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Houstonian 1987
The Issues
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Houstonian 1987 - The Issues. 1987. Special Collections, University of Houston Libraries. University of Houston Digital Library. Web. August 4, 2015. http://digital.lib.uh.edu/collection/yearb/item/25027/show/24642.

Disclaimer: This is a general citation for reference purposes. Please consult the most recent edition of your style manual for the proper formatting of the type of source you are citing. If the date given in the citation does not match the date on the digital item, use the more accurate date below the digital item.

(1987). Houstonian 1987 - The Issues. Houstonian Yearbook Collection. Special Collections, University of Houston Libraries. Retrieved from http://digital.lib.uh.edu/collection/yearb/item/25027/show/24642

Disclaimer: This is a general citation for reference purposes. Please consult the most recent edition of your style manual for the proper formatting of the type of source you are citing. If the date given in the citation does not match the date on the digital item, use the more accurate date below the digital item.

Houstonian 1987 - The Issues, 1987, Houstonian Yearbook Collection, Special Collections, University of Houston Libraries, accessed August 4, 2015, http://digital.lib.uh.edu/collection/yearb/item/25027/show/24642.

Disclaimer: This is a general citation for reference purposes. Please consult the most recent edition of your style manual for the proper formatting of the type of source you are citing. If the date given in the citation does not match the date on the digital item, use the more accurate date below the digital item.

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Compound Item Description
Title Houstonian 1987
Creator (Local)
  • Students of the University of Houston
Place of Creation (TGN)
  • Houston, Texas
Date 1987
Description This edition of the Houstonian, published in 1987, is the official yearbook of the University of Houston.
Subject.Topical (LCSH)
  • College yearbooks
  • University of Houston
Genre (AAT)
  • school yearbooks
Language English
Type (DCMI)
  • Text
  • Still Image
Original Item Location Houstonian
Original Item URL http://library.uh.edu/record=b1158762~S11
Digital Collection Houstonian Yearbook Collection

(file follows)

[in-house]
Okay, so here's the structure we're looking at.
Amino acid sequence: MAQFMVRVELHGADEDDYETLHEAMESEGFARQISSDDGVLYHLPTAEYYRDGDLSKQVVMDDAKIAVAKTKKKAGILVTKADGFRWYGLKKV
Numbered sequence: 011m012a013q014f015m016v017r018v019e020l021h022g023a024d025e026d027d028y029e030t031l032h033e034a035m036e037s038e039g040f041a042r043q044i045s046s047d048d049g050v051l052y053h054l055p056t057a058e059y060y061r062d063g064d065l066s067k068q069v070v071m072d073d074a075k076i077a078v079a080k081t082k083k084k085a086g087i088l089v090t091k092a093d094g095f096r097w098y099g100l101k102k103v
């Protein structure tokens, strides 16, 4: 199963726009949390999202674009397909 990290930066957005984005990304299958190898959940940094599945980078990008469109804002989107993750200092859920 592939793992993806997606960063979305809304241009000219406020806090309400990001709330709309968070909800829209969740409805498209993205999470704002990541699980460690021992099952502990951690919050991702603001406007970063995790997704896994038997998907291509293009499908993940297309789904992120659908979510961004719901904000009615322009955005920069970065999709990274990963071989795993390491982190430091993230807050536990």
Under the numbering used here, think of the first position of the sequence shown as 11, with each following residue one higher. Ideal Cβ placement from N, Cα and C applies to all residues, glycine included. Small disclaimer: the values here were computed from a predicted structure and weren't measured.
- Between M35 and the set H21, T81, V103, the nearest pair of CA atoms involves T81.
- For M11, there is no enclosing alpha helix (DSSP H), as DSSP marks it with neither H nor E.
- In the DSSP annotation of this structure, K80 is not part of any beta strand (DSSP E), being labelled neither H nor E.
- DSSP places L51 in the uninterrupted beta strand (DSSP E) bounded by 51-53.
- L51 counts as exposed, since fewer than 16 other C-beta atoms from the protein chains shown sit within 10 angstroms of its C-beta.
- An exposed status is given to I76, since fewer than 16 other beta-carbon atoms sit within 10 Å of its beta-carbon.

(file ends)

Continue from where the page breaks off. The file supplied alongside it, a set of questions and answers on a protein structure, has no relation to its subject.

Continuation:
Digital Collection URL http://digital.lib.uh.edu/collection/yearb
Repository Special Collections, University of Houston Libraries
Repository URL http://info.lib.uh.edu/about/campus-libraries-collections/special-collections
Use and Reproduction This image is in the public domain and may be used freely. If publishing in print, electronically, or on a website, please cite the item using the citation button.
File Name index.cpd
Item Description
Title The Issues
Format (IMT)
  • image/jpeg
File Name yearb_1987_014.jpg
Transcript Sign Of The Times "It is the prescription for anarchy in a democratic society." Louis Stokes Senator, Ohio A Student's State of the Union Address. Today's college generation will probably be remembered by political historians as the "passive generation." The generation that grew up watching television through the late seventies and early eighties offers little in political motivation. One obvious reason for the great drought of political awareness is that this generation developed on the heels of a most embarrassing fiasco — Watergate — that is best remembered for having crowded out daytime TV programming for months. With the networks airing the Watergate hearings, and no cable TV to turn to, children of the seventies developed a great frustration with politics. Most of them have little or no rememberance of life before Watergate. The turbulant sixties is dry textbook material for most college students who not only take for granted, but cannot possibly remember the intense changes of that time period. While nearly everyone feels they have the right to observe a holiday in honor of Martin Luther King, most fail to recognize the value of the Civil Rights Movement. In only a few short years in history, the American public has gone from civil rights marches to the assassination of Martin Luther King, and from the assassination of Lee Harvey Oswald, the John F. Kennedy assassinator, to protests of the Vietnam War, and from Watergate to an obsession with Arbi- tron ratings. In a crucial time period when world affairs are esculating at a dangerous rate, college students are likely to remember the changing of the Coca-Cola formula or the entangled lives on "Dallas" as the issues of our time. Coca-Cola received more media coverage as people became angered over the elimination of the original formula Coke than the U.S. government did when the military overran the tiny island of Grenada. Public protest was able to bring back a worldwide commercial product, but it is very unlikely that the public could detour U.S. involvement in a global conflict. That is evident by the public attitude towards the Iran-Contra hearings. People were disturbed, mostly because the hearings interrupted the afternoon soaps. But the American public soon found an American hero in Oliver North for his noble television presence during the hearings. And even with such blatant foreshadowing, the American public generally accepts, without question, our role in the Persian Gulf. The American people hesitate to make any connection between the six percent of our oil that we defend as it is shipped through the Persian Gulf, while other countries relax, and the unemployment in our own oilfields that contributed to our weak economy. Another major oversight on the part of the American people is El Salvador. While a military advisor was killed there in April, a scene reminescent of Vietnam, the American people were preoccupied with Jim's sexual preferences and Tammy's makeup obsession in the PTL scandal. The people once again went with the best television 14